I’d seen Reservoir Dogs (1992) Johnny Cash-style- one piece at a time, over several years. I knew every single nook and cranny of that movie but I had never sat down and watched it from start to finish. This, despite being able to quote it or wax poetic about key scenes. I finally gave it a proper viewing in 2007. Naturally, I loved it. It was easy to see how it had been a hallmark of 90s indie cinema.
Allow me to digress for a moment. The funny thing about Reservoir Dogs is that it always makes me think of something that’s almost completely unrelated to the movie. When I was in college, circa 1996, there was a particularly annoying guy who lived down the hall from me. He constantly played the Reservoir Dogs soundtrack. He didn’t even have the courtesy to play the whole thing. He would only play “Stuck in the Middle With You” by Stealer’s Wheel. It was beyond obnoxious. And one day, one of my friends heroically sneaked into Annoying Guy’s room, snagged the soundtrack, split it in half, and tossed it in the trash. He may or may not have pissed on it before throwing it away, but my memory is hazy. It was a minor, yet major, victory that day. Annoying Guy was no longer able to harass us with the song ever again, since he never replaced the disc. That’s what I’ll always remember about Reservoir Dogs.
Some time in 2004, the Guy Who Met Kevin Meaney turned me on to the Hollywood Stock Exchange. One of the very first stocks I bought was something titled “Untitled Quentin Tarantino World War II Project”. Inglourious Basterds (2009) was a long time coming. By the time it was released, my viewing priorities had changed drastically. For the first time ever, I was wise to QT’s orgy of pop culture references beforehand. It was a blast counting them all out- Leni Reifenstahl pictures, Le Corbeau, The Dirty Dozen, even Cinderella and The Sound of Music. What made this viewing so astounding was that it was recommended by my parents, who no doubt saw it because it was a Brad Pitt movie. I warned them, “Are you sure you want to see that? It’s Tarantino.” As it turns out, they thought it was great. It’s not often that I’ve heard my dad laugh as much as he did at that movie. It was music to my ears. Of course, that’s probably a sign that QT wasn’t as edgy as he had once been. All the same, finding out that my almost-70-year-old parents were cool enough to enjoy a Tarantino movie made me extremely happy. And I liked it so much that I saw it again in the theater, this time with my documentarian friend at the Moolah here in St. Louis.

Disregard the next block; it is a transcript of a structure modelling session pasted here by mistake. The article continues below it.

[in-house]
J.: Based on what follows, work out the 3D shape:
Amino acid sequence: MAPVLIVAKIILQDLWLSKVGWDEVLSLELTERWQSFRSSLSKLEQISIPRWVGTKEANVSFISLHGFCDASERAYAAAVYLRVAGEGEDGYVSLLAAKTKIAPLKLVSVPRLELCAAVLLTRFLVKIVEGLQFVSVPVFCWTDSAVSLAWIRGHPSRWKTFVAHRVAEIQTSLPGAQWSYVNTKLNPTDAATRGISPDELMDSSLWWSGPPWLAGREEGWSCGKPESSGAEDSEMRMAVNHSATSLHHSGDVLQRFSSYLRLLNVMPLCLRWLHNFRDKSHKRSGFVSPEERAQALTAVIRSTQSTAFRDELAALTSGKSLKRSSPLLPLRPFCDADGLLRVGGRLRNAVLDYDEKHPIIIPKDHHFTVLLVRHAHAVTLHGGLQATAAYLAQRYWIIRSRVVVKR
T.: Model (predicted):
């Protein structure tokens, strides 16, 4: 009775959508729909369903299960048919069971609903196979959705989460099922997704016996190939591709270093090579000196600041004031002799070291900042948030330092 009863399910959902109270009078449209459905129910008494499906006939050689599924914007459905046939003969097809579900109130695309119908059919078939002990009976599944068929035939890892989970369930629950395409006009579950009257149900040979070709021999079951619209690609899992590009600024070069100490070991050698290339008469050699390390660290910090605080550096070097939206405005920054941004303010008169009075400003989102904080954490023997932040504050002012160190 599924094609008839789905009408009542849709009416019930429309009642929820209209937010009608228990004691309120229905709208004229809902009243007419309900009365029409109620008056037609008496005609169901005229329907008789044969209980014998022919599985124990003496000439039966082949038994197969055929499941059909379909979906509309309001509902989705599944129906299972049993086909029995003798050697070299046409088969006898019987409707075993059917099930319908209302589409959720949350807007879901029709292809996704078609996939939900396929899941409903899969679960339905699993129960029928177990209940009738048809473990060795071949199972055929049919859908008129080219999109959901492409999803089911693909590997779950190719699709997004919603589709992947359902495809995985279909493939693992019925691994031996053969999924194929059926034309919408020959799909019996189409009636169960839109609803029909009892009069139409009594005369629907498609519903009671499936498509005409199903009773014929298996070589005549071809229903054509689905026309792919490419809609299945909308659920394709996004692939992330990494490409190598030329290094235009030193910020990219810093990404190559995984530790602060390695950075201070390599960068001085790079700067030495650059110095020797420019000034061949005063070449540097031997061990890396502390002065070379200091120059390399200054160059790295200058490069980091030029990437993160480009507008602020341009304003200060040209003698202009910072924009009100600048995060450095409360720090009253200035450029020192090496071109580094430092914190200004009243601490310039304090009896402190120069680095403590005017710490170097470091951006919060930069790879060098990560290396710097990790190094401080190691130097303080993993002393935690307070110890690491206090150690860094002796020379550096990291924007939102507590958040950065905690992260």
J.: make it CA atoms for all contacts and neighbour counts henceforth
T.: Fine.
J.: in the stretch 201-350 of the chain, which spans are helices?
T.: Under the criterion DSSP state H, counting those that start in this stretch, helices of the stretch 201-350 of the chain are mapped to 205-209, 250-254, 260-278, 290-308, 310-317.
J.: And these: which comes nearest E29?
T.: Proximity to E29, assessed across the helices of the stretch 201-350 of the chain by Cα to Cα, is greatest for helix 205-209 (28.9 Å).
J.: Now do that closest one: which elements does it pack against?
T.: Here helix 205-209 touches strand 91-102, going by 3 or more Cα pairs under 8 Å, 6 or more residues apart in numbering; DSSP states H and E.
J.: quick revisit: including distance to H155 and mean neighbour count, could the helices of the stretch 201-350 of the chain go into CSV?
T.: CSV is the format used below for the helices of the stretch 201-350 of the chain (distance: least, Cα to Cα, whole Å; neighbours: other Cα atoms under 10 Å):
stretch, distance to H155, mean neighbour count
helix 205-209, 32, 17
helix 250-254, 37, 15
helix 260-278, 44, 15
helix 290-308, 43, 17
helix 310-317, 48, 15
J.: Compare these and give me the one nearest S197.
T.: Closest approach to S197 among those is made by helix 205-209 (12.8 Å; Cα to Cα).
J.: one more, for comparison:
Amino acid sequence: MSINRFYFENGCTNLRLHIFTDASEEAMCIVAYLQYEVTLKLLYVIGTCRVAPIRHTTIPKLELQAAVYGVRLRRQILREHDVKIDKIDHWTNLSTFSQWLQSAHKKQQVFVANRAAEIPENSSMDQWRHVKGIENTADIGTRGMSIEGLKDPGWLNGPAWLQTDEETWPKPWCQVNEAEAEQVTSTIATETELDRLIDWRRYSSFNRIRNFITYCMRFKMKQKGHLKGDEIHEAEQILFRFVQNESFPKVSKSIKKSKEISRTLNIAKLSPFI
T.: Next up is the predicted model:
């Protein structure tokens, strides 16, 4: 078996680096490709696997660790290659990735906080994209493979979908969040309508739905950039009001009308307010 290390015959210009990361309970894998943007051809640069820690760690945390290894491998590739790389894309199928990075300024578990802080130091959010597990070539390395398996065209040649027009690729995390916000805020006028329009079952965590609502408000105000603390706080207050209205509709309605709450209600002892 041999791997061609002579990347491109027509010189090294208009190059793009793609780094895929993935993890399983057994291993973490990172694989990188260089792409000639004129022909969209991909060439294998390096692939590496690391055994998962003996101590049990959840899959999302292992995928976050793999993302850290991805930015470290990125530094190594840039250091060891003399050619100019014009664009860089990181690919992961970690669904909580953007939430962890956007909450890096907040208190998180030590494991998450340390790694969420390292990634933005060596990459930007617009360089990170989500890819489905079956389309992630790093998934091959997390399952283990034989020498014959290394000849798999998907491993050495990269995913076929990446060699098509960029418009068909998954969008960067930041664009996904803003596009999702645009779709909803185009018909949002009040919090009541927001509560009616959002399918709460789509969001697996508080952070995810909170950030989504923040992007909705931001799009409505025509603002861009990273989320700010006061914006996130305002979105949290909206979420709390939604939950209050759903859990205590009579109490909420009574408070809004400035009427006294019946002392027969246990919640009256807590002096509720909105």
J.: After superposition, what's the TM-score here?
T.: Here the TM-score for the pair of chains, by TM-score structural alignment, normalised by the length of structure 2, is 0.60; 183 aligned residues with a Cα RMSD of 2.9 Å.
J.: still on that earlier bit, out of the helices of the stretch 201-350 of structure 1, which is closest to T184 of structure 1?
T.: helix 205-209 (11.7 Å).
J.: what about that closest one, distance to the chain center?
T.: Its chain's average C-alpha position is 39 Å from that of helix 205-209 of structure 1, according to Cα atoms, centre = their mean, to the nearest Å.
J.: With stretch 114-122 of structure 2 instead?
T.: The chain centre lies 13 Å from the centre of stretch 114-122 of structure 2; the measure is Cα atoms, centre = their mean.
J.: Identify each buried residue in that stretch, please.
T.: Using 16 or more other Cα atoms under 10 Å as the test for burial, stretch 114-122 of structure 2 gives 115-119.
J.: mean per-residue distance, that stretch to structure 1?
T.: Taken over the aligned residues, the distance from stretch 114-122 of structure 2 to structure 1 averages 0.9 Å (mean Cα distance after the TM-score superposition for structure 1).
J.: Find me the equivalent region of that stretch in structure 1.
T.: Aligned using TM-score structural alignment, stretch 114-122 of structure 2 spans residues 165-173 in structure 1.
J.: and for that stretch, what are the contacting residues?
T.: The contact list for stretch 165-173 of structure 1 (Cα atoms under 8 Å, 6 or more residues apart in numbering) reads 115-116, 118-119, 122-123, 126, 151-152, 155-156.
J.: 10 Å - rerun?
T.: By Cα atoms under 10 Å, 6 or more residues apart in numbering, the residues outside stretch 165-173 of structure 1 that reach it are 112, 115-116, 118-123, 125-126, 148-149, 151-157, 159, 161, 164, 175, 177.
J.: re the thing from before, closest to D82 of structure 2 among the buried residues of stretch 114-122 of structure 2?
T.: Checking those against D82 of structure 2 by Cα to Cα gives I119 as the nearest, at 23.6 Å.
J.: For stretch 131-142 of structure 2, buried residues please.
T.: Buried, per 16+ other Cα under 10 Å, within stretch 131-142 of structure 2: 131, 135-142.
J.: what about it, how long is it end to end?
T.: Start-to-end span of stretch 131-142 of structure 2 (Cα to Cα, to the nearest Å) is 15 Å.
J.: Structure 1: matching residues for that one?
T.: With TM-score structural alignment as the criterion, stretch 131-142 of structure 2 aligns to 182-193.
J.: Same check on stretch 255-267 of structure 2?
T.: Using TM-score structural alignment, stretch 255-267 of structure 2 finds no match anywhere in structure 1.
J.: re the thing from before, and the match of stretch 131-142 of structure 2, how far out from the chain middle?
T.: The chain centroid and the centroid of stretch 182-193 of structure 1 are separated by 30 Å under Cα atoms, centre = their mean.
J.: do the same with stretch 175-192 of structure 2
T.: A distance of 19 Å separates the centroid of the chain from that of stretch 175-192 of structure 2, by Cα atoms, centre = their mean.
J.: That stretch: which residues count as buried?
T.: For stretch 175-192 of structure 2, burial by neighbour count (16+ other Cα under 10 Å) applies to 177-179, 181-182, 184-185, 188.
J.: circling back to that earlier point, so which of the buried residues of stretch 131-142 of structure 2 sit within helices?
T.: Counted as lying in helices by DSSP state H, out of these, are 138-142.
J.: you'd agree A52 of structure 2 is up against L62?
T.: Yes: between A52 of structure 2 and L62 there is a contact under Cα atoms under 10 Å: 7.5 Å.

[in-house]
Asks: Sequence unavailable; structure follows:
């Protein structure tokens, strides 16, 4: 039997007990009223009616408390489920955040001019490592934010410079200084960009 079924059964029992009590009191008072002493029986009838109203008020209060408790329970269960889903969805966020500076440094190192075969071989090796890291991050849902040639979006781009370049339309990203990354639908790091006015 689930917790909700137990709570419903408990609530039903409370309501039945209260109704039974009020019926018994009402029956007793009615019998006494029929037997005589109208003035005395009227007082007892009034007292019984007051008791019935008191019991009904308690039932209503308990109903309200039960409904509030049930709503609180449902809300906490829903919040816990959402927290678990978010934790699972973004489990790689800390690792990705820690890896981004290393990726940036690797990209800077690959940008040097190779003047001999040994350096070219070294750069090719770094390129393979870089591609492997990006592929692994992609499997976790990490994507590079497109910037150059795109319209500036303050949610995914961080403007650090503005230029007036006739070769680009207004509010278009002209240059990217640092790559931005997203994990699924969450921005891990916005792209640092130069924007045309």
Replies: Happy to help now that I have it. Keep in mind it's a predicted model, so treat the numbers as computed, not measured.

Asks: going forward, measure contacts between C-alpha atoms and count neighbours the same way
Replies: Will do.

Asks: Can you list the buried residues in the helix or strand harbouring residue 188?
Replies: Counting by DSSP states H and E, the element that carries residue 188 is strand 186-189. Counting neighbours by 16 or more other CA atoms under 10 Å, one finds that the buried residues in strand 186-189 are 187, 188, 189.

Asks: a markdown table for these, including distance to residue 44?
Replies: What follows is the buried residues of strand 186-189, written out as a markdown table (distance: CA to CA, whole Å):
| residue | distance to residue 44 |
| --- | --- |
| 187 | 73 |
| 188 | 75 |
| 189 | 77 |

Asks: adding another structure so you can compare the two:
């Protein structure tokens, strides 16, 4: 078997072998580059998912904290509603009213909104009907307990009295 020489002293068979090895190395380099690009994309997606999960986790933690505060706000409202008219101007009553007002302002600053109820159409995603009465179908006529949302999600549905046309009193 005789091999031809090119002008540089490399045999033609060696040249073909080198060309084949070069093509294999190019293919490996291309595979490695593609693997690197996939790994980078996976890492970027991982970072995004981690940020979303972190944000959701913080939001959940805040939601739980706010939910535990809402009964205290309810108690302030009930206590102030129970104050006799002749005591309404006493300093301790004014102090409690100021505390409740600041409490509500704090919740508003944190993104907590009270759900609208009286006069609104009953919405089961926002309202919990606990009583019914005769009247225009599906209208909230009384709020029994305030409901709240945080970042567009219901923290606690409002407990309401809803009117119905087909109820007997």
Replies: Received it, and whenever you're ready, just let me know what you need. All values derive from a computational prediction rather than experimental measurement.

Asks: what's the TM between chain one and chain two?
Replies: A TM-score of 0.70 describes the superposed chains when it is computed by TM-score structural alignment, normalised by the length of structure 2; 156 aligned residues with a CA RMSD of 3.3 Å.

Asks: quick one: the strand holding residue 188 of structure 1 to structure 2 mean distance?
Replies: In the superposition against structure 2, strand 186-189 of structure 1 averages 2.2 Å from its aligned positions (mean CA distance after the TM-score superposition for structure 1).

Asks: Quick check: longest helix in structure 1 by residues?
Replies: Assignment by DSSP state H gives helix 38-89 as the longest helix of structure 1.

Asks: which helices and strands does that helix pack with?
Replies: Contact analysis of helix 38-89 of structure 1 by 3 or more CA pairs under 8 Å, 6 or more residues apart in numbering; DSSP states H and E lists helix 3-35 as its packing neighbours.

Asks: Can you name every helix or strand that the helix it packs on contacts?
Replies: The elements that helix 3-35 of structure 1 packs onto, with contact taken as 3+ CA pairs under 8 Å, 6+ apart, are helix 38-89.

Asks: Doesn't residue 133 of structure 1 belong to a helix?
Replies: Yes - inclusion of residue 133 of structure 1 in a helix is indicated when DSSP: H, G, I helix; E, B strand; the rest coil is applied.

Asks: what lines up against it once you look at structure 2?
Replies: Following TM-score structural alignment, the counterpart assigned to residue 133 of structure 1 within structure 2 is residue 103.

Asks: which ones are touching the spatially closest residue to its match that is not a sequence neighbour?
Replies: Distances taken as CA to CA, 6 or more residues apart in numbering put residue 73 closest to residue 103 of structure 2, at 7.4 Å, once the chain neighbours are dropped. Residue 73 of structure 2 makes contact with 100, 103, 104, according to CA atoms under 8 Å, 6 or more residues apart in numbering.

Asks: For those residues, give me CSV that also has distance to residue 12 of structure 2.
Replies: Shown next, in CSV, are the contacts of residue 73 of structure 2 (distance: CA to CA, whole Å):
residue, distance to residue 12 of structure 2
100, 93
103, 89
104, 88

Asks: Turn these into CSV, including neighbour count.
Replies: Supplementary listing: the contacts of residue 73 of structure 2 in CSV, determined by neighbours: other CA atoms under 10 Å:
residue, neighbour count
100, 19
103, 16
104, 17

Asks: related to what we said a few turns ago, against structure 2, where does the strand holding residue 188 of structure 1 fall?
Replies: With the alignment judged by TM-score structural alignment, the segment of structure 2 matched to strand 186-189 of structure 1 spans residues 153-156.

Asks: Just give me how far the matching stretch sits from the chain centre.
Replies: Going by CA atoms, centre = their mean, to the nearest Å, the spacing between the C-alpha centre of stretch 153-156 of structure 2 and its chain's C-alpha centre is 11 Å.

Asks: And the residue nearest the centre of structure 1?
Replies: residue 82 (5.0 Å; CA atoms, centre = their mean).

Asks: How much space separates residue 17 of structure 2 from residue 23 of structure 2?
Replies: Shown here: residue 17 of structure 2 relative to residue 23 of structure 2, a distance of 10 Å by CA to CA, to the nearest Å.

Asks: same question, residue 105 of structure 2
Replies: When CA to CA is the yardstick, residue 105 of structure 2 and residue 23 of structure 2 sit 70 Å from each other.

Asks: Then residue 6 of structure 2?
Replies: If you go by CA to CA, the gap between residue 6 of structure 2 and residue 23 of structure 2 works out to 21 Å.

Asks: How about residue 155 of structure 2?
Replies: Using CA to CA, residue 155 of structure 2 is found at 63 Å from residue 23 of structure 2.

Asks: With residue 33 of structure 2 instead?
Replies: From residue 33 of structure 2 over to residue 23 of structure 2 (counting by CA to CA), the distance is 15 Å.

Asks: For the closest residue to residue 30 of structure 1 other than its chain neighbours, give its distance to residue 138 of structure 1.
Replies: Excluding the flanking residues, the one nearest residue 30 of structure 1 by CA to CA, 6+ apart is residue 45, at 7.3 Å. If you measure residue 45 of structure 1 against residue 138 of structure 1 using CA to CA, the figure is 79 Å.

That brings me to Django Unchained, a movie I’ve paid to see twice in the last week. I’ve seen it with two sets of friends, and the repeated discussion process of “Remember when…” and “How cool was it when…” has begun in earnest. I’ve been farming out informative Django links to those friends for a week now. There are evil men in this movie, and they are made to suffer excruciating, vengeful deaths. None of the oppressors gets out alive, all of their justice meted out by a spaghetti western hero for a new generation.
Along the way, Tarantino has grown as a filmmaker. He’s no longer a restless youth, raging against movie history and screaming “LOOK AT WHAT I CAN DO!” He’s mastering his craft, making legitimate genre movies without showing off. If there’s pastiche, it’s not to the detriment of the rest of the film, as was the case with 2007’s Death Proof (let’s not talk about Death Proof).
Here’s to at least 18 more years of Tarantino films.